By IHR Team on July 22nd 2021
The poor in India’s cities have endured evictions and demolitions of their homes and settlements for decades now. While long legal and political battles have sometimes resulted in a modicum of justice through rehabilitation of affected households, demolitions themselves are irreversible acts that forever destroy a settlement and transform the area. initiatives like the Missing Basti Project (MBP) seek to document these erasures by utilising the power of the Internet to create an archive of material memory.
On June 7, Supreme Court reiterated its order of February and April 2020 to evict the Khori Gaon basti on the Delhi-Haryana border, falling within the Faridabad Municipal Corporation (FMC) jurisdiction. The Court concluded that this basti is an encroachment on the Aravalli forest land and so deemed it fit to order the municipal corporation to undertake evictions using force if needed. The residents have been given a few days to collect their belongings and leave before the demolition squad comes to vacate these lands. The demolitions of over 6,500 homes are scheduled to take place just when the monsoon arrives and we are still in a pandemic where most of the population is not vaccinated. This is great injustice to bring upon anyone during a pandemic. The urgency shown in demolishing the houses of the poor is therefore unjustified.
By IHR Team on April 20th 2021
Every year, parts of Delhi disappear as bastis built informally by the poorer citizens continue to be evicted. The Missing Basti Project is an initiative to archive past and ongoing evictions in Delhi to question as well as mobilize action for the prevention of further evictions.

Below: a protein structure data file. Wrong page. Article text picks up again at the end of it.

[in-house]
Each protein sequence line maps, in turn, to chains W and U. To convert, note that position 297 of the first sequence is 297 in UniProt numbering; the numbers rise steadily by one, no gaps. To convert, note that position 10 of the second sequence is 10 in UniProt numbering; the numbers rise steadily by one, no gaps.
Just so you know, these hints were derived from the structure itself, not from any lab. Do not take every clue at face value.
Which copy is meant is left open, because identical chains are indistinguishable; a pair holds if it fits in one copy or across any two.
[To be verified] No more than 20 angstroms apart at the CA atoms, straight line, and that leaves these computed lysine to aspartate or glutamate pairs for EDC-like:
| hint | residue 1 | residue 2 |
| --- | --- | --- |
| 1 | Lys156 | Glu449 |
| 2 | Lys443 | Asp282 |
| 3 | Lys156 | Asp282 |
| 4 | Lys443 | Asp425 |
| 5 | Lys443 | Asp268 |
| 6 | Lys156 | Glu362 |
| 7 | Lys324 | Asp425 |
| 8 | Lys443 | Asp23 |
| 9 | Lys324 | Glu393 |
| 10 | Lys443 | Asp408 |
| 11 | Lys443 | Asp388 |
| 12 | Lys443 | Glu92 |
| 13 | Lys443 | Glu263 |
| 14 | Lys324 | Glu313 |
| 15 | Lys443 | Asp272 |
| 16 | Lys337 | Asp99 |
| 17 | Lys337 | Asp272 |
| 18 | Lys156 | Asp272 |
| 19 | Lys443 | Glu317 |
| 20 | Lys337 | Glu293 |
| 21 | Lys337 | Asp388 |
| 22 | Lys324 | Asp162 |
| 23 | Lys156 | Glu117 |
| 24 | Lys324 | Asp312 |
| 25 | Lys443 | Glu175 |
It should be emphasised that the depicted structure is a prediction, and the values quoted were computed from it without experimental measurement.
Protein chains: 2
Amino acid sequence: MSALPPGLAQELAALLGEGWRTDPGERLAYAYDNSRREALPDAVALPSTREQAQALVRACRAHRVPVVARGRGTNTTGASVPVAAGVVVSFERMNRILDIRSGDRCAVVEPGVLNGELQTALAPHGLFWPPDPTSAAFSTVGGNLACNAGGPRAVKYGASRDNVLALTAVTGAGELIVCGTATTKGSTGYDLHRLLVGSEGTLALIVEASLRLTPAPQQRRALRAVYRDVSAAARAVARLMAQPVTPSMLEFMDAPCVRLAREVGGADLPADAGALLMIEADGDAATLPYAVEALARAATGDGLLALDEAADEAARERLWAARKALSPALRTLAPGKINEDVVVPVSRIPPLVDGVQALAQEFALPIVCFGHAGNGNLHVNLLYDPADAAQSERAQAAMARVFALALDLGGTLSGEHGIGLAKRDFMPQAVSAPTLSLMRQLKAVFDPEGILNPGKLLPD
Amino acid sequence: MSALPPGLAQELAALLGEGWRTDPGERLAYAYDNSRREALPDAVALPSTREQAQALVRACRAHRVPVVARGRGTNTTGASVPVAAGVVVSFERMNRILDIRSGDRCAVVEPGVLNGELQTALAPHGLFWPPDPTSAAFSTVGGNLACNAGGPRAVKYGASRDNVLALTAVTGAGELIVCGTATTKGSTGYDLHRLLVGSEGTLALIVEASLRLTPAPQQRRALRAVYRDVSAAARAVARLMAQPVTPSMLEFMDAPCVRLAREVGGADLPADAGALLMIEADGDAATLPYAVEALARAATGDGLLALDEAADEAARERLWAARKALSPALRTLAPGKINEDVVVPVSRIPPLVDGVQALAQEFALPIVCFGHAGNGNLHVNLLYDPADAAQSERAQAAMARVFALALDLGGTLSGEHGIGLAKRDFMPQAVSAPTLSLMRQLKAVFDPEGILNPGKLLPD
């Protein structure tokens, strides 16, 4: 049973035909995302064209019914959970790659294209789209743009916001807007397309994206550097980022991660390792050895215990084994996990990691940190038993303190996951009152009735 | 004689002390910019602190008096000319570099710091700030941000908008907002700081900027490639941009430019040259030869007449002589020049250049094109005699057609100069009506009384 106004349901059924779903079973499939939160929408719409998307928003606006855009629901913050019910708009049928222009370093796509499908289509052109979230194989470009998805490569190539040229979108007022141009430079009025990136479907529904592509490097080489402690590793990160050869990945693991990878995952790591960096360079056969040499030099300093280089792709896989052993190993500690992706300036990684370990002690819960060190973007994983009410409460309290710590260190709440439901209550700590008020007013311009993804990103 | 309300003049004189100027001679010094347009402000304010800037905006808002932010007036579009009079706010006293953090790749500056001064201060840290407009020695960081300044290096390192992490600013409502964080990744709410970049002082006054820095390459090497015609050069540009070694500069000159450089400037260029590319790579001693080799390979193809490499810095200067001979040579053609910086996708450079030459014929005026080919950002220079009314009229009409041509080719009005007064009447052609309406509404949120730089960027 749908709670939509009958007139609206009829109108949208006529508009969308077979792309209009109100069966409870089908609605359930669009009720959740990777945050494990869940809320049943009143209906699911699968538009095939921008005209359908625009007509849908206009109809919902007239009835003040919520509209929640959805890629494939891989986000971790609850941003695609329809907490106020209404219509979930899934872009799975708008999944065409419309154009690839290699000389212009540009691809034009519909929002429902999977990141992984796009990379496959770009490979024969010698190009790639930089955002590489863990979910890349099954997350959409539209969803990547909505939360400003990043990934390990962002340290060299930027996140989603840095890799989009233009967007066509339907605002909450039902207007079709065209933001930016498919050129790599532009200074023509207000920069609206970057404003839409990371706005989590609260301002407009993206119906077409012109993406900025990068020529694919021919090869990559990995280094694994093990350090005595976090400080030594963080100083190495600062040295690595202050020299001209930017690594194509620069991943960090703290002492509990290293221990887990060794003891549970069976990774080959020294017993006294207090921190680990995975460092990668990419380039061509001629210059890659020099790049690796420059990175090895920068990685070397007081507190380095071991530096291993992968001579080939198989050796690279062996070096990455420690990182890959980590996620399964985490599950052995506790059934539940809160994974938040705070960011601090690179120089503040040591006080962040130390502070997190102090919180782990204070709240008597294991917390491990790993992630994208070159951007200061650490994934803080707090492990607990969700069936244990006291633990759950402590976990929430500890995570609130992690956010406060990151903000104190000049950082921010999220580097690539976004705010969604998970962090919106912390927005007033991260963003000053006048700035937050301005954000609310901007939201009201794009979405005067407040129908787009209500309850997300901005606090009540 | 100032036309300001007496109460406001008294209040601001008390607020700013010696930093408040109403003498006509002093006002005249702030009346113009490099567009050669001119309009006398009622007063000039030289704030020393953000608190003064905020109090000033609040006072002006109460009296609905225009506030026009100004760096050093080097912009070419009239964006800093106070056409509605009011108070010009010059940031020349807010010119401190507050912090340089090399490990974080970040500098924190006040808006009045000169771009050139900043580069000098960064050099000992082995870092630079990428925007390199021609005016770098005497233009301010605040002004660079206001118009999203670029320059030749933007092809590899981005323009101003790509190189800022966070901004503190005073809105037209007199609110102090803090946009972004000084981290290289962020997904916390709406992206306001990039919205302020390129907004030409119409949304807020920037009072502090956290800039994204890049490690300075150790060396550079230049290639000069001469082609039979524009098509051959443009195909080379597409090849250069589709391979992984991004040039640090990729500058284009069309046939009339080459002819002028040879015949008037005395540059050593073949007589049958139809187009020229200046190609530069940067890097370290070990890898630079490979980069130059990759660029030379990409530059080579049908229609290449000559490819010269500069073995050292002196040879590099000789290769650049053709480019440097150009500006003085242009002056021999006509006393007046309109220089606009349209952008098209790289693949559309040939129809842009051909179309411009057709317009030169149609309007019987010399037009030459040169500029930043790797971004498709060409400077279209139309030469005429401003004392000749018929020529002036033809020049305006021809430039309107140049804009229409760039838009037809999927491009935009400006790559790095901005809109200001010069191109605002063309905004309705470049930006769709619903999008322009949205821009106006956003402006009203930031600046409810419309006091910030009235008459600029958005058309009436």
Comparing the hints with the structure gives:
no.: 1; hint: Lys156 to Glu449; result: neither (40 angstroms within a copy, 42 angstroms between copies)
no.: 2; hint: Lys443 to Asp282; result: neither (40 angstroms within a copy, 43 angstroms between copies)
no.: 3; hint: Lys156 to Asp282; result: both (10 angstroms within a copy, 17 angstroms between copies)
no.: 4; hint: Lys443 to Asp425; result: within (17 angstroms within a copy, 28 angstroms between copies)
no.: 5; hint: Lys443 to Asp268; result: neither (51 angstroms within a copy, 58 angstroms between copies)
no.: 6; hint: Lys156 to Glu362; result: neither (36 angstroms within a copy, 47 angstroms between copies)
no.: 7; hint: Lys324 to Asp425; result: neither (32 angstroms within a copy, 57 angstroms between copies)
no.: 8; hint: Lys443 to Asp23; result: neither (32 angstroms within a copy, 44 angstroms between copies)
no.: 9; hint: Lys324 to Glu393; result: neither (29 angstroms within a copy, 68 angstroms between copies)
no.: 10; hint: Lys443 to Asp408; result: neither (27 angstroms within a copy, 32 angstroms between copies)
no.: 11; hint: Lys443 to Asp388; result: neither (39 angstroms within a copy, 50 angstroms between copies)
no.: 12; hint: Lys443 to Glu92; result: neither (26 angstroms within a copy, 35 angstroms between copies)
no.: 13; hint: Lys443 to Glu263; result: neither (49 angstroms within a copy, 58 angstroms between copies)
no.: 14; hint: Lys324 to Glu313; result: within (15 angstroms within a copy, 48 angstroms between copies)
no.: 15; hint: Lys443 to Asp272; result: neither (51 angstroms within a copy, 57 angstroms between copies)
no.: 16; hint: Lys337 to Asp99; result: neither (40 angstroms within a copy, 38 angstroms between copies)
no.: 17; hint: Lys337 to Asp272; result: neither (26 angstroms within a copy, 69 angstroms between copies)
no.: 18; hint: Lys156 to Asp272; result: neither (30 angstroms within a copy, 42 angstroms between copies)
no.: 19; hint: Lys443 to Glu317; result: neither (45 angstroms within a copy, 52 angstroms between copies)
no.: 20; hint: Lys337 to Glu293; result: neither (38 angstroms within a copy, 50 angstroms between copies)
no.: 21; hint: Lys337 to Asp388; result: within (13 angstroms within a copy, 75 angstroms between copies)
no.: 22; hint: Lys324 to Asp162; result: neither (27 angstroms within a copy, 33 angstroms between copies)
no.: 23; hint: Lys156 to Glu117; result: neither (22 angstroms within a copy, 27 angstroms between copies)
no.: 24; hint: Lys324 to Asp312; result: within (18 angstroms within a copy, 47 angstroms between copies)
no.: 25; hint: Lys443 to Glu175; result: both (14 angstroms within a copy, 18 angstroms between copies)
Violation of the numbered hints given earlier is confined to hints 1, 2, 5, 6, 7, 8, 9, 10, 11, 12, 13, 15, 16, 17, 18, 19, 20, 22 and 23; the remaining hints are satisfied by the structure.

By Manish on September 9th 2020
The Supreme Court of India on 31.08.2020 passed an order, in a Public Interest Litigation (PIL) relating to pollution and waste management in Delhi, directing the eviction of “encroachments” – primarily jhuggi-jhopri (JJ) bastis, or slums – on Railway land in the capital. Coming in the middle of the COVID-19 pandemic, the order has been subject to legal criticism and has received wide coverage in the media. In this series of Q&A, we deconstruct what exactly the order says, the extent of the displacement it is likely to cause, the legally prescribed procedure for eviction and relocation, and what would be a fair approach going forward.
This paper analyses the weight of overlapping burdens of precarity on the urban poor through the story of the demolition of an informal settlement and homeless shelter in Delhi.
In this paper, the authors bring a challenging perspective to slum studies in Delhi, India, by contrasting
the attempts at ‘slum-free city planning’ (referring to housing programmes for the urban poor) with the ‘durability’ of certain slum settlements. They examine national and local factors that temper the impact of macro-forces of neoliberalism and globalisation on slum clearance in Delhi, including institutional fragmentation, political networks, and social mobilisation. Based on two settlements selected by the Delhi Development Authority to implement its strategy of slum redevelopment under public-private partnership, we show how space-specific configurations and the interplay of actors may contribute instead to the entrenchment of slums. At the settlement level however, ‘durable’ does not mean permanent. Yet, at the city level, slum rehabilitation in partnership with private developers presents serious limits, questioning the emphasis put on this strategy to provide sustainable housing for the urban poor.